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Basic Entry Guidelines
Posted on 11/09/2011 in Full Circle.

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These are some pretty basic guidelines that are easy for every club to follow. If they are followed, it will ensure that participants are getting treated as equals and that the playing field is level for everyone.
One of the simplest ways to keep things straight as far as guides and judges go is to have three separate containers for entry slips: one for guides, one for Judges, and another for the remainder of the entries within the category. This will help immensely when the entries close because the entry takers will not have to go back through all of the entries to get them sorted.

A simple announcement that the club is ready to start drawing out the casts should be made after the entries are closed at the advertised deadline time. The process of drawing the casts should never start before the entries are closed in accordance with the advertised entry deadline.

The club should then make sure that any license or permit number is clearly written on each scorecard if required by the state. Next, the club needs to make an official count of the number of entries within the category so that the number of three- and four-dog casts can be determined.

Once completed it is time to begin the drawing of the casts. Draw one of the hunting Judge’s entry slips to each scorecard. If a guide is needed for the cast, then draw a guide from the guide container and place it on the scorecard. When all of the scorecards have a hunting Judge and guide entry slip on them, turn the scorecards face down and shuffle them well. Then, after shuffling the remainder of the entries and turning them face down, draw two or three entry slips to fill out each cast. Again, you will have to pre-determine how many three- and four-dog casts you will have.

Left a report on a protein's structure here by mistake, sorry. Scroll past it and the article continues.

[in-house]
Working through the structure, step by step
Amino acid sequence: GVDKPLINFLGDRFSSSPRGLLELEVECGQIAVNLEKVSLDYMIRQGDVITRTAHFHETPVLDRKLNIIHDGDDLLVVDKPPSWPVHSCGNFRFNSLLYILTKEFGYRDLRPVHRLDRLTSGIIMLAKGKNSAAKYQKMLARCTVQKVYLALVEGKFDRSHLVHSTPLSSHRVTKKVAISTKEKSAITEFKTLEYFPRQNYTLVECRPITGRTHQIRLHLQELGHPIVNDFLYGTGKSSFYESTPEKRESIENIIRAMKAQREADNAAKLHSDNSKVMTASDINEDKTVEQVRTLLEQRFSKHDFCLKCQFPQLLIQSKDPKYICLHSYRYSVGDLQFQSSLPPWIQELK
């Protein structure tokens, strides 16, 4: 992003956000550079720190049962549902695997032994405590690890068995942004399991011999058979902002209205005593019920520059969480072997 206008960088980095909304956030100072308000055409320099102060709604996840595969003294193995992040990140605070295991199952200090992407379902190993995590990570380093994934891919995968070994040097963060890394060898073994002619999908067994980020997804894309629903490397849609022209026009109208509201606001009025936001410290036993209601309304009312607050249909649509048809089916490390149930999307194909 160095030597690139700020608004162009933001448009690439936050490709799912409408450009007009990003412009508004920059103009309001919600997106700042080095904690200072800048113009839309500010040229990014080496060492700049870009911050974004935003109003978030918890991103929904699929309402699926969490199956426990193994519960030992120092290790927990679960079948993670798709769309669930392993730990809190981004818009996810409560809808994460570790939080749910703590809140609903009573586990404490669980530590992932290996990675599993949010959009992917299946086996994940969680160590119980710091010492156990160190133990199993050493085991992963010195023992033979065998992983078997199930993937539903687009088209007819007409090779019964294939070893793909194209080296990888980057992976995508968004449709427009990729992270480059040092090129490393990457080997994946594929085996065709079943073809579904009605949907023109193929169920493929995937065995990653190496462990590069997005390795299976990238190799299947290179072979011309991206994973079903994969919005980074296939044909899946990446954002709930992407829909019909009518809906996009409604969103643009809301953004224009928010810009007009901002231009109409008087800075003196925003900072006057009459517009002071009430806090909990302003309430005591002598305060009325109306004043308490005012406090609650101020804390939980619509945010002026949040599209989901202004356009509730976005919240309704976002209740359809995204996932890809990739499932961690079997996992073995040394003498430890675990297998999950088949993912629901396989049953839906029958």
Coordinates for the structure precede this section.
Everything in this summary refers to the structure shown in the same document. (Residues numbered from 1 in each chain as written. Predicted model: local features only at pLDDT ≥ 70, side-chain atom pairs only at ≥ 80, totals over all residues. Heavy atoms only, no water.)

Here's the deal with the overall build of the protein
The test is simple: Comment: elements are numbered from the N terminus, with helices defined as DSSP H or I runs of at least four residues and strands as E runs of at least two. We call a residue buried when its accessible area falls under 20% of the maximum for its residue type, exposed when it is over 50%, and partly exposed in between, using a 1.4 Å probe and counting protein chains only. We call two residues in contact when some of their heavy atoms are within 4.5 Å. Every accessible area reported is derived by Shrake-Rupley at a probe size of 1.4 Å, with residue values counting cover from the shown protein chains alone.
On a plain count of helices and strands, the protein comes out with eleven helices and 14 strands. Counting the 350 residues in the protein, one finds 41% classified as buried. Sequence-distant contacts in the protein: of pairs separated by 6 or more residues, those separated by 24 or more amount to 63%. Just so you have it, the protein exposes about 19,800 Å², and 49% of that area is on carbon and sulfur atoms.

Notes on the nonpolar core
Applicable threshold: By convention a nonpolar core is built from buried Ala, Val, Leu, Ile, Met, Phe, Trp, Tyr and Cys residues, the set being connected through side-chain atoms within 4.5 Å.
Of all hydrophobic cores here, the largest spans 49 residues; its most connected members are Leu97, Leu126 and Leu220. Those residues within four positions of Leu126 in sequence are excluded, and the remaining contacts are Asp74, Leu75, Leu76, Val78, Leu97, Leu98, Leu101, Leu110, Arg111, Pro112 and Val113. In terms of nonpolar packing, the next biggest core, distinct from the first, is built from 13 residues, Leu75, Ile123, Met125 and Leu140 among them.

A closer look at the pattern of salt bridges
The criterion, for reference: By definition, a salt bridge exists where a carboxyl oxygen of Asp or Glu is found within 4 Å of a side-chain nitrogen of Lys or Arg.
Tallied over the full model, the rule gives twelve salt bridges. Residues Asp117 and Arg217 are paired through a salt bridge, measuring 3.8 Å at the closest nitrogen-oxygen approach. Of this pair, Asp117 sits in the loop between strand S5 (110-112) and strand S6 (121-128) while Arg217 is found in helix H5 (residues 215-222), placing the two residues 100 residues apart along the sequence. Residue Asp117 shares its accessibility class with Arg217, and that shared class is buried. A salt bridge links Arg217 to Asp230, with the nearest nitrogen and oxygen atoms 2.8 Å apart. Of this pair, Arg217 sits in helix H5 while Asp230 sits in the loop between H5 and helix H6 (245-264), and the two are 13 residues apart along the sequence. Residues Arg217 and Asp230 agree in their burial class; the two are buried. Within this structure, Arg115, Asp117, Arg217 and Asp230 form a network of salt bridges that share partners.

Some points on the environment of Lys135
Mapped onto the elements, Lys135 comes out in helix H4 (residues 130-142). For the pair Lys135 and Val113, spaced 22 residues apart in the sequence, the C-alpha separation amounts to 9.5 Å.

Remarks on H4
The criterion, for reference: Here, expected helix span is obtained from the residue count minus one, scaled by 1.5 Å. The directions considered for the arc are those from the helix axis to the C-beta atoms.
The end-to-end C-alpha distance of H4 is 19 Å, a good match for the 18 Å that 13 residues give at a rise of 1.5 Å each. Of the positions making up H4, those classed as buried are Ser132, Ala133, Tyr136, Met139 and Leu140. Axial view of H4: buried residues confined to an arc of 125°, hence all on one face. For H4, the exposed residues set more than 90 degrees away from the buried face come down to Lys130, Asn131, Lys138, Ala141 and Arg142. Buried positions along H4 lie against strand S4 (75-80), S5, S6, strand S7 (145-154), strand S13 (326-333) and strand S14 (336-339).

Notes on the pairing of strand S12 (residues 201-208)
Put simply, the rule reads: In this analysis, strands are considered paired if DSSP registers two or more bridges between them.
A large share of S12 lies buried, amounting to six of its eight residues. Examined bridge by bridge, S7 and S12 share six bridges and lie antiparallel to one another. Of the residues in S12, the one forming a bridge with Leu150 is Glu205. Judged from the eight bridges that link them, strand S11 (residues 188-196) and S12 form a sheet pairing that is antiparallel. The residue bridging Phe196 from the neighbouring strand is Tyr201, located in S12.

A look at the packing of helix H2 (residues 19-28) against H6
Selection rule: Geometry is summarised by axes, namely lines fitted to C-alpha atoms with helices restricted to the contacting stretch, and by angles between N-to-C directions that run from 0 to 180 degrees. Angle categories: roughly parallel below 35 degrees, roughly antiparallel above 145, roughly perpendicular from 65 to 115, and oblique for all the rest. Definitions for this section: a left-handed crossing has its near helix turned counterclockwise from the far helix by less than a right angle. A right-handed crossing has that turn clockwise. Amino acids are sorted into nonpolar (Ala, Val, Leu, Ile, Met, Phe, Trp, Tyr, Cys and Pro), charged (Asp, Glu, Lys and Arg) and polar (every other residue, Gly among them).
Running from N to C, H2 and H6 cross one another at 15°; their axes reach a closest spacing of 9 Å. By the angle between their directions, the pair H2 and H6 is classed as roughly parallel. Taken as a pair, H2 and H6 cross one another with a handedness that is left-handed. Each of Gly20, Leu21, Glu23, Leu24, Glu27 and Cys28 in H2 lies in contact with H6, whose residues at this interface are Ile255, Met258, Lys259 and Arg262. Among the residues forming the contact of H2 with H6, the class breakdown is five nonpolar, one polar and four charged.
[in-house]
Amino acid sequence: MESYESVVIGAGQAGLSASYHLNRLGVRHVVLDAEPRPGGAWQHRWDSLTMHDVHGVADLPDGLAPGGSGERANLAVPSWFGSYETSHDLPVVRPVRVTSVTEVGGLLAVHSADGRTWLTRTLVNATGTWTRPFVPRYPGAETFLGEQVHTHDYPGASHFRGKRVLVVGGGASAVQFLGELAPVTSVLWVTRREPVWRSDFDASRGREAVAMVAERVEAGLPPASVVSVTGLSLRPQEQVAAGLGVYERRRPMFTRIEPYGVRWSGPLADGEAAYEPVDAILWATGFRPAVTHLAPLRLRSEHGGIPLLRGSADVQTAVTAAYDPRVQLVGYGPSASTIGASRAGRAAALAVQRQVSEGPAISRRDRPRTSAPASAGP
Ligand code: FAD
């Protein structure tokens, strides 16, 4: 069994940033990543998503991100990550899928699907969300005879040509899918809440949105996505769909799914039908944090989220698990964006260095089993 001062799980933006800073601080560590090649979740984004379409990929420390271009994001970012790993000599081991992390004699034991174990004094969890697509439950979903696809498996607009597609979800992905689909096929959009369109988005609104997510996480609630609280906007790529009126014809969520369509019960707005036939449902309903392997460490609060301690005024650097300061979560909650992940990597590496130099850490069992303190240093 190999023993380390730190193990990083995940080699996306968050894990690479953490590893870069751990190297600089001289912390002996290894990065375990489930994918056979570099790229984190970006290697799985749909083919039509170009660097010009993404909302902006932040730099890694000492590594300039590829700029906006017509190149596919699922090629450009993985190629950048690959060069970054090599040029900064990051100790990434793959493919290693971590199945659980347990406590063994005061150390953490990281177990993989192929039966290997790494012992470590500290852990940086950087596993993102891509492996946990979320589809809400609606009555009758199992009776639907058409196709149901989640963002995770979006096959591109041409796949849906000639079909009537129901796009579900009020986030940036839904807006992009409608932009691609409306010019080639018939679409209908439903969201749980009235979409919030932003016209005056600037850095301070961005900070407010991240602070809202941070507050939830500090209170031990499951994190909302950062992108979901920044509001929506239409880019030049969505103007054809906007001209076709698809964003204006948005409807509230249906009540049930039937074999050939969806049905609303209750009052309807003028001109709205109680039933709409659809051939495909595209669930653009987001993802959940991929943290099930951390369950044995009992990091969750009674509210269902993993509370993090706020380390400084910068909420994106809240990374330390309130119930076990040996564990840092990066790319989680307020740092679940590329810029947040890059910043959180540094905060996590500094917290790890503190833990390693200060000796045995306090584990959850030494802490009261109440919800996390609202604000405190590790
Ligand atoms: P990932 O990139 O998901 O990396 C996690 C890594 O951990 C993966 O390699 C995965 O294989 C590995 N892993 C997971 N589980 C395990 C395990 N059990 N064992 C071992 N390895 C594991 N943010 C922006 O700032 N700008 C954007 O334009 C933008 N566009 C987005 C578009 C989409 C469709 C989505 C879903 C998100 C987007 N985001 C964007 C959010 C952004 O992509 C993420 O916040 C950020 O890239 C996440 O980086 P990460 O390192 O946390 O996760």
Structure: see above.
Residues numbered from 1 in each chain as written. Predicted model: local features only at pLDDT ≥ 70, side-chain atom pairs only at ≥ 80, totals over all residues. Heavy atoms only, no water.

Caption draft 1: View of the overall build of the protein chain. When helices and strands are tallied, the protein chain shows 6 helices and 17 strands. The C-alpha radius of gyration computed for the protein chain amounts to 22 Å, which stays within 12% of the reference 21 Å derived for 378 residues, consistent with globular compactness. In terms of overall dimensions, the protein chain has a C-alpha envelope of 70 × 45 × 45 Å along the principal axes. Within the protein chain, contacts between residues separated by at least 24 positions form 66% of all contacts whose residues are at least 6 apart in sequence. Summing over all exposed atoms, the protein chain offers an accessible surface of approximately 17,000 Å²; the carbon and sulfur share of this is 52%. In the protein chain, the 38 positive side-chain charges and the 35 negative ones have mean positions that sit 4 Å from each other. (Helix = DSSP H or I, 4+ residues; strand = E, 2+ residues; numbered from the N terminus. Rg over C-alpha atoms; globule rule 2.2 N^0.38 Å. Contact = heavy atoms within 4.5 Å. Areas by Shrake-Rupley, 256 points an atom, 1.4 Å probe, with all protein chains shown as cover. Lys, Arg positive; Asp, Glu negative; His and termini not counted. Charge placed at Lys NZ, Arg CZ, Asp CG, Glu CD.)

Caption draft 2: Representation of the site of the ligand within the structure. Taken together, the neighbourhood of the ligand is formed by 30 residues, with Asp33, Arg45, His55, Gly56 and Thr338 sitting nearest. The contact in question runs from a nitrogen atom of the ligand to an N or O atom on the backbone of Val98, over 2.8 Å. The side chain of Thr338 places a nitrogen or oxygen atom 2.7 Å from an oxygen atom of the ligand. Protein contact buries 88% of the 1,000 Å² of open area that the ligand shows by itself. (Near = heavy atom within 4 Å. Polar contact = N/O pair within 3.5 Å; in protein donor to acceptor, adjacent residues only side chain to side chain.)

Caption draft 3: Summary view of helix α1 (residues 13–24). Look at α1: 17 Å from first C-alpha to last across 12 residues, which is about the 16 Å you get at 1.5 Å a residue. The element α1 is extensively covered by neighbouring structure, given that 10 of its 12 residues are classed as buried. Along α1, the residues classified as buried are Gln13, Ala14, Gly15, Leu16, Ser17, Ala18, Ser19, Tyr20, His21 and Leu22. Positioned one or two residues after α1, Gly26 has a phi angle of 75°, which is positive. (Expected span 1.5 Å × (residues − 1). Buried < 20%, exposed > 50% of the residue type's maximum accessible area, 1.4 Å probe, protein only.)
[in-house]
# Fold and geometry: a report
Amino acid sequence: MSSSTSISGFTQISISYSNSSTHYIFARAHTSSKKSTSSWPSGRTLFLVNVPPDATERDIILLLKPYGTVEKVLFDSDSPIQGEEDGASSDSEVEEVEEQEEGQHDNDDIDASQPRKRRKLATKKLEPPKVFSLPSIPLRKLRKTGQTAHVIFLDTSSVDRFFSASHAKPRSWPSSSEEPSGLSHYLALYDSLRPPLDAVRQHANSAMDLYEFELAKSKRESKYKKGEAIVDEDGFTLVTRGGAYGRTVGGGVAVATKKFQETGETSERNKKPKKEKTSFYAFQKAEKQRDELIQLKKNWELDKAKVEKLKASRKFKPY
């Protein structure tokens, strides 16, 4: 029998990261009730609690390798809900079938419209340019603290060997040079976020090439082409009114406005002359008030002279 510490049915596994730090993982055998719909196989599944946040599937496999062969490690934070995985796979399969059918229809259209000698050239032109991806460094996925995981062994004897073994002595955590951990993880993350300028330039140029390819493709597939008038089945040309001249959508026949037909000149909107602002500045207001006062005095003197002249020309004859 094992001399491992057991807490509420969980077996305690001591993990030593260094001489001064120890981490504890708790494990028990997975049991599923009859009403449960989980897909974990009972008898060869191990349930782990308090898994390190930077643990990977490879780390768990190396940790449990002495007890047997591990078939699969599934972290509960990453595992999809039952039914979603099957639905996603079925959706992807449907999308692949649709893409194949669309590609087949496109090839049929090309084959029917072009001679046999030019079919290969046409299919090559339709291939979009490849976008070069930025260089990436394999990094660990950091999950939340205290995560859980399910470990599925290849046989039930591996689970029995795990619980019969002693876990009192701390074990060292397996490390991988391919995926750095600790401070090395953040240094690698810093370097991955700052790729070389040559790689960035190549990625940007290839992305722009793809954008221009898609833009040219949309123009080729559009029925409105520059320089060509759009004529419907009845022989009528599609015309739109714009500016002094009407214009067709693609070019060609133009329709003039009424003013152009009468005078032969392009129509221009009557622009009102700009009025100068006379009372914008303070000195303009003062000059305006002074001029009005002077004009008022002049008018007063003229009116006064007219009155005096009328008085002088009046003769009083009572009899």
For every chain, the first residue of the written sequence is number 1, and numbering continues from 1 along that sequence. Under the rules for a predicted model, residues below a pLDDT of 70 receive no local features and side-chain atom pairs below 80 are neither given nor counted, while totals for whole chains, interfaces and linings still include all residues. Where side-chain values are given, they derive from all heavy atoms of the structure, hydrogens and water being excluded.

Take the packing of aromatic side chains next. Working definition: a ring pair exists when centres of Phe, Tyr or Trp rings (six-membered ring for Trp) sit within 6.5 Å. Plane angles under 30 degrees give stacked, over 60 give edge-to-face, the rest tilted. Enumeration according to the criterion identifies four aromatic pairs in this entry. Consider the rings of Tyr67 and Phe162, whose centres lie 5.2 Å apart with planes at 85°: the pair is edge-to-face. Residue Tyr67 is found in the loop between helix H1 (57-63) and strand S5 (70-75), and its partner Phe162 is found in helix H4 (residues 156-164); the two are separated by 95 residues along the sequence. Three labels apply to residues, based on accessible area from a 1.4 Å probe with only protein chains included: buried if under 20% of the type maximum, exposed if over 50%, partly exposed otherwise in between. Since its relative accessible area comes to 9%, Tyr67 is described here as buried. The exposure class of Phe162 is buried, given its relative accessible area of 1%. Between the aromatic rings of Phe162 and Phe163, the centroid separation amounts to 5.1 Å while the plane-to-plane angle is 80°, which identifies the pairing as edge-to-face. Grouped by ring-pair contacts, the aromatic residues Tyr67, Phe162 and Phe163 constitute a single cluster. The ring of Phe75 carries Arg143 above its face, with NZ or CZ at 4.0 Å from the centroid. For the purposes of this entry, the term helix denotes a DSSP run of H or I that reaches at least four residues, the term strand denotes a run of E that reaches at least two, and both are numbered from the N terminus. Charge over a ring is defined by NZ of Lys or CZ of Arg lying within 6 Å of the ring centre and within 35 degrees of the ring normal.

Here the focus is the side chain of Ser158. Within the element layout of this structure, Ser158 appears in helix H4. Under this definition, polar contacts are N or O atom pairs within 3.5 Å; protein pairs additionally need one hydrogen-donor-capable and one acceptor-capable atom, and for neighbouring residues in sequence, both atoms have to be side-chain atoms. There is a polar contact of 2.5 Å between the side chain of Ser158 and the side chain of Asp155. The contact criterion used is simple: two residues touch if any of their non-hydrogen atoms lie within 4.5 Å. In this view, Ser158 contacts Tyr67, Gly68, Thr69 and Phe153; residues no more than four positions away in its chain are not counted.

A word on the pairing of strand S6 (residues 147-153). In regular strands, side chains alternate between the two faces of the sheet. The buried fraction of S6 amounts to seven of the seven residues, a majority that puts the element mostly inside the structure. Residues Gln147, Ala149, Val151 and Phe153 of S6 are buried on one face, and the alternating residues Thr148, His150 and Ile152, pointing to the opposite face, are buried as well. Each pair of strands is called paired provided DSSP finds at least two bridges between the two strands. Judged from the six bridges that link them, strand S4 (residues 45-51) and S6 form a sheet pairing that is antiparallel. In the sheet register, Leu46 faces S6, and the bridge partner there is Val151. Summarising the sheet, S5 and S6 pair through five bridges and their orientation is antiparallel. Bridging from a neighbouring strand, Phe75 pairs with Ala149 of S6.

In the case of multiple entries, the following would apply. In the same manner as drawing the Hunting guide’s entry slips, owners having multiple entries will have their dogs drawn to separate casts, if possible. Place each of the multiple entries on a separate scorecard, turn the scorecards face down and shuffle them. Then, depending on whether it’s a three- or four-dog cast, draw two or three entry slips to fill out each cast.

Turning the entry slips and scorecards face down is a large contributor to making sure that the draw is random and impartial. Everyone who is participating deserves to have that feeling of reassurance when they enter their dog at your club’s next event, so if you need to make an adjustment to better things for all of those participating, then by all means make the changes and move on. Your club’s contribution to the betterment of the sport will be appreciated!